Fratelli's Risotto.JPG
Joanna O'Leary
Risotto ai Frutti di Mare
Although I had been saving room for dessert, I forgot, in my gastric capacity calculations, to leave space for the costolette di maile ripieni, large, rather intimidating pork chop bursting with gorgonzola and spinach and topped with a marsala sauce. It's a crying shame I could only muster one or two bites of the succulent white meat and just a forkful of the decadent filling, because they both were wonderful.

The pork chop put me over the edge. I slipped into somnolence while my friend (who showed more restraint) enjoyed her tiramisu.

After this meal, I know this much is true:

1) I'm a sassy (not, idiotic, thank you) Italian girl, but I could never be a mafiosa. No way would I have the energy to whack people after eating such fare. I'd rather take a nap.

2) It's worth leaving the loop for Fratelli's. My eight minutes of extra driving garnered me a terrific, relaxing meal and reminded me of my love of gnocchi.



Follow Eating Our Words on Facebook and on Twitter @EatingOurWords

Location Info

Fratelli's Authentic Italian Cuisine Restaurant - CLOSED

10989 NW Freeway, Houston, TX

Category: Restaurant


Advertisement

My Voice Nation Help
18 comments
lawreviewed
lawreviewed

Christ - here we go again. - another  "loop snob." If nothing exists outside the loop worth visiting, then why does the press distribute in the Woodlands and Katy, etc. etc. I was born and raised "deep inside the loop" ( less than 2 miles from downtown) before it was over run my culturemap tools and "new urbanism." Joanna if you think for one second that most people live in the loop you are sorely mistaken. You arrogant Yankee transplant, if you are from Houston it's probably from outside the loop. Days like these I wish Houston Press had not pushed Public News out of business so many years ago.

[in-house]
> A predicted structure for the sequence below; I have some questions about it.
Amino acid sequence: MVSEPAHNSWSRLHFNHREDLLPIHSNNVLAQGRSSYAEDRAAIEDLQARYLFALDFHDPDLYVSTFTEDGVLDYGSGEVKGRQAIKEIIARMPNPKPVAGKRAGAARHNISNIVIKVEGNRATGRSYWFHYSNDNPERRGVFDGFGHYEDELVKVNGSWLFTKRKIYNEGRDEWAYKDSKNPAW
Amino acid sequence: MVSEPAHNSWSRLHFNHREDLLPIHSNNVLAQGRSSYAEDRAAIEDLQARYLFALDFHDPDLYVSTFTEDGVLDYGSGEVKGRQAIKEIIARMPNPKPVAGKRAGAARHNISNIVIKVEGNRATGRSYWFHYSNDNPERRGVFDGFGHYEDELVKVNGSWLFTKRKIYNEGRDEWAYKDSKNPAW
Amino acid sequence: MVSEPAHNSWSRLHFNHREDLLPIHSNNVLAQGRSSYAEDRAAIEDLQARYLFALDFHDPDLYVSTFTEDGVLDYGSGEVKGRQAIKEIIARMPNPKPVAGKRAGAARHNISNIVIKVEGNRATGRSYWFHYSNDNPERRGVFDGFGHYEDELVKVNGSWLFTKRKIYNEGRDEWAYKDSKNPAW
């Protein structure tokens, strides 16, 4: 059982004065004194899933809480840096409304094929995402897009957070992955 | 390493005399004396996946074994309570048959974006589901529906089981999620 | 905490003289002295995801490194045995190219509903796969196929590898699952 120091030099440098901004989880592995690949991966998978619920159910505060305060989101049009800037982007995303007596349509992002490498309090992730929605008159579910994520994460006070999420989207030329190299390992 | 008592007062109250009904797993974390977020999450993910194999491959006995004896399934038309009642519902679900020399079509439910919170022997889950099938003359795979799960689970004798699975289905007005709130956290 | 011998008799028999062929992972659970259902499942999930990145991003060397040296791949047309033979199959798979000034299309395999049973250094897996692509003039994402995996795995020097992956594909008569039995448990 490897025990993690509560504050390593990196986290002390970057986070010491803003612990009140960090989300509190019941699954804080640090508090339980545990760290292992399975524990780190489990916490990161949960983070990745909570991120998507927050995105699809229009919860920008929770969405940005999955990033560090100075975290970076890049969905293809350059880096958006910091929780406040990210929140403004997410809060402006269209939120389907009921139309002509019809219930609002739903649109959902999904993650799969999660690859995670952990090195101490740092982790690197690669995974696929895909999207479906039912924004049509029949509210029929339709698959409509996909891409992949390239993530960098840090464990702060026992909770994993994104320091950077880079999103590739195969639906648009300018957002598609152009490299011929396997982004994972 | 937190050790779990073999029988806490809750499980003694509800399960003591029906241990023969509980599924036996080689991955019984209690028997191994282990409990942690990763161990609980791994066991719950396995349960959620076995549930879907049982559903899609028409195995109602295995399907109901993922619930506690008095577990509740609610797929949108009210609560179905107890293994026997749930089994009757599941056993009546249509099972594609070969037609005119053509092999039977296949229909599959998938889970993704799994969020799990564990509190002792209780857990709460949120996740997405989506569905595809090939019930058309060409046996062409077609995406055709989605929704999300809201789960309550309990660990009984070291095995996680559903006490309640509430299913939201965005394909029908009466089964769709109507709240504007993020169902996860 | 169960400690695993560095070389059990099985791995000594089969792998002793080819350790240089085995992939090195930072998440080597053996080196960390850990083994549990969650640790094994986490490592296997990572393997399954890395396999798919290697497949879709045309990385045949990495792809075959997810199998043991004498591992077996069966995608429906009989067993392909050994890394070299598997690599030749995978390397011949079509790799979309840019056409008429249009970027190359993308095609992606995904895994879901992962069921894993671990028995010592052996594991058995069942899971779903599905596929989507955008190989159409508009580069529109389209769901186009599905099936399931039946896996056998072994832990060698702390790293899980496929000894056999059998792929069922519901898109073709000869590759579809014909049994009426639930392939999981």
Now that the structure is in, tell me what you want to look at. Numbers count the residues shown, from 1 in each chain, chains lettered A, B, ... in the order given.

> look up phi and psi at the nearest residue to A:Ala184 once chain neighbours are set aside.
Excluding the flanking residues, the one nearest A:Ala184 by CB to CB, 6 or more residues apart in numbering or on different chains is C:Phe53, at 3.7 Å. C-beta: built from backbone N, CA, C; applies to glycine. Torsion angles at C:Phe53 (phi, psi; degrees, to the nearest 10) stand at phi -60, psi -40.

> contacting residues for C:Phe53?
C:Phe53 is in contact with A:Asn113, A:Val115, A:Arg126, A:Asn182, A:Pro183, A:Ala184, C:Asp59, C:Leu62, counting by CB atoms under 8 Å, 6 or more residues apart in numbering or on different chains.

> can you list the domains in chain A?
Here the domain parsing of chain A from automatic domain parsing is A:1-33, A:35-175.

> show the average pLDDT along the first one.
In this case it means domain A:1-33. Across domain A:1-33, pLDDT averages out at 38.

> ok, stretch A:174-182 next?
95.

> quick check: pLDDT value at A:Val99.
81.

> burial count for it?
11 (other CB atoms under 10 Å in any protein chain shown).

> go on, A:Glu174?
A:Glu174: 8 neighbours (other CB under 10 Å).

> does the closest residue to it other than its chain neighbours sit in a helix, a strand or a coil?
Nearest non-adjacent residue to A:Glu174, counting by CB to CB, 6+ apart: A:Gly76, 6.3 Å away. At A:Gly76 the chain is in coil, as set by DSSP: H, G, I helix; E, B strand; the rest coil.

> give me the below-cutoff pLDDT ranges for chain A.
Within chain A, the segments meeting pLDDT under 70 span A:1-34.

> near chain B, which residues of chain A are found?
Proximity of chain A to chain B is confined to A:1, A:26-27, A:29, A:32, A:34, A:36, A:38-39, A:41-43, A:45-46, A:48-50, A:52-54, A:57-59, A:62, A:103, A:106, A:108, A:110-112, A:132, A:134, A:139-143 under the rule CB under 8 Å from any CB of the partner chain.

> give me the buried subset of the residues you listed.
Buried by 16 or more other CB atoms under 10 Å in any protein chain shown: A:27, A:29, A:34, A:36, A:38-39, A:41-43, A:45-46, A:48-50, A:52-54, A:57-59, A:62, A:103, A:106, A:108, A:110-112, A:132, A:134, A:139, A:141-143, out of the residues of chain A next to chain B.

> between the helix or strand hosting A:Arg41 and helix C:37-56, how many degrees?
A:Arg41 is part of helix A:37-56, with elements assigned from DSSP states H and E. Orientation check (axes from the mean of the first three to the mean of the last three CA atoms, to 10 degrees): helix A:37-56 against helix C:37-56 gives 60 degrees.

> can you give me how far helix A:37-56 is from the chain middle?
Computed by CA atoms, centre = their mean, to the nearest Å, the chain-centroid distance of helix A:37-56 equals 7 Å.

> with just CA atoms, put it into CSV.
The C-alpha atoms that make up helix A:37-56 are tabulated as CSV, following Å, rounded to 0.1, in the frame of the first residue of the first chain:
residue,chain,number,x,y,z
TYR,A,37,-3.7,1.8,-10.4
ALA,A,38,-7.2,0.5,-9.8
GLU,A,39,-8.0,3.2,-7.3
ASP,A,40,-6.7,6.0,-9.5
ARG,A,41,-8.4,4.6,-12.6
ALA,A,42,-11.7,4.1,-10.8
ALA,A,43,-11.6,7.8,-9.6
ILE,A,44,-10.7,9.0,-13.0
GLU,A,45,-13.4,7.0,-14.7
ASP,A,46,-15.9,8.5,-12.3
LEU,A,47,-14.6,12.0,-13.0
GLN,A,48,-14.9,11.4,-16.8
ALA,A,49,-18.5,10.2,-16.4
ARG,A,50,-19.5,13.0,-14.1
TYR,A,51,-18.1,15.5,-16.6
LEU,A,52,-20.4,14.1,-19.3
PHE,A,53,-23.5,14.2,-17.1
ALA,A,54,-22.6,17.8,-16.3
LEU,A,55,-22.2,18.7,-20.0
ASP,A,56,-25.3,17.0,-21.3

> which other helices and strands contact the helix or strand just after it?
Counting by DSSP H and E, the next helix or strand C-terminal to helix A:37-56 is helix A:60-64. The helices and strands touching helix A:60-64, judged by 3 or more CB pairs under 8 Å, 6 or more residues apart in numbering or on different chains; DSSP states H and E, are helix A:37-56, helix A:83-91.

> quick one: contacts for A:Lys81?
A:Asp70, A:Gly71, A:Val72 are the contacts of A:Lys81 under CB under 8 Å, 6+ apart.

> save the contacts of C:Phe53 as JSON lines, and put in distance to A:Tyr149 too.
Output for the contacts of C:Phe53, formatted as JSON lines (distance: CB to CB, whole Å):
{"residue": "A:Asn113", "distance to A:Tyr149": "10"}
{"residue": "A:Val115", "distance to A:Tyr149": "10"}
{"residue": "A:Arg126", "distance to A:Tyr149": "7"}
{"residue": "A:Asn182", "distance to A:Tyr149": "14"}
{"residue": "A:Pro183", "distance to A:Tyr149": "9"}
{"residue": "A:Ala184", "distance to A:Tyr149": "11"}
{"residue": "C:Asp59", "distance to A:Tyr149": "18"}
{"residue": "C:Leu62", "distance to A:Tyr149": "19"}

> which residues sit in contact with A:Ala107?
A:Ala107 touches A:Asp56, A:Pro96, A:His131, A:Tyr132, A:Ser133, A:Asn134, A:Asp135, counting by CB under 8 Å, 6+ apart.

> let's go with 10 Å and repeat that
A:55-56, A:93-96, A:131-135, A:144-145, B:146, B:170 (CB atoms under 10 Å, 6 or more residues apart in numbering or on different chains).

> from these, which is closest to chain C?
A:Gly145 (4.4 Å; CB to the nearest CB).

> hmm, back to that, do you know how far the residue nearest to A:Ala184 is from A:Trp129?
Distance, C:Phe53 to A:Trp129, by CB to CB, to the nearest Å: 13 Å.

Dor1249
Dor1249

Don't be such a LOOP Snob!  Good food exist all over Houston--even in the burbs!My husband and I have gone to Fratelli's ever since she opened.  The food has alwaysbeen good, fresh, and tasteful.  Partake of her Wine Diners and especially the New Year's EveDinners for a great time at bargain prices for a metro city.

crimped pimped
crimped pimped

this all looks and sounds really good, but I question a dusting of parm on seafood risotto

Laurie
Laurie

Heaven forbid! Outside the Loop! Joanna get over it. It is all of 5 min outside the Loop. A majority of Houston lives outside the Loop. Should we only be able to eat at shitty chain restaurants like Olive Garden?

Dundle
Dundle

They serve beer and wine.

Bruce R
Bruce R

Do they serve wine or is it BYOB?

Doc
Doc

Oh shut the fuck up you cranky dick.

Joanna
Joanna

Please tell me where in this article I said I believe and/or assumed most people live inside the loop. I have no such impression. As a relative newcomer to Houston, however, I have certainly noticed a certain reluctance among transplants (myself included) to venture outside the loop. In my case, it derives from not having regularly driven a car for ten years prior to coming to Texas.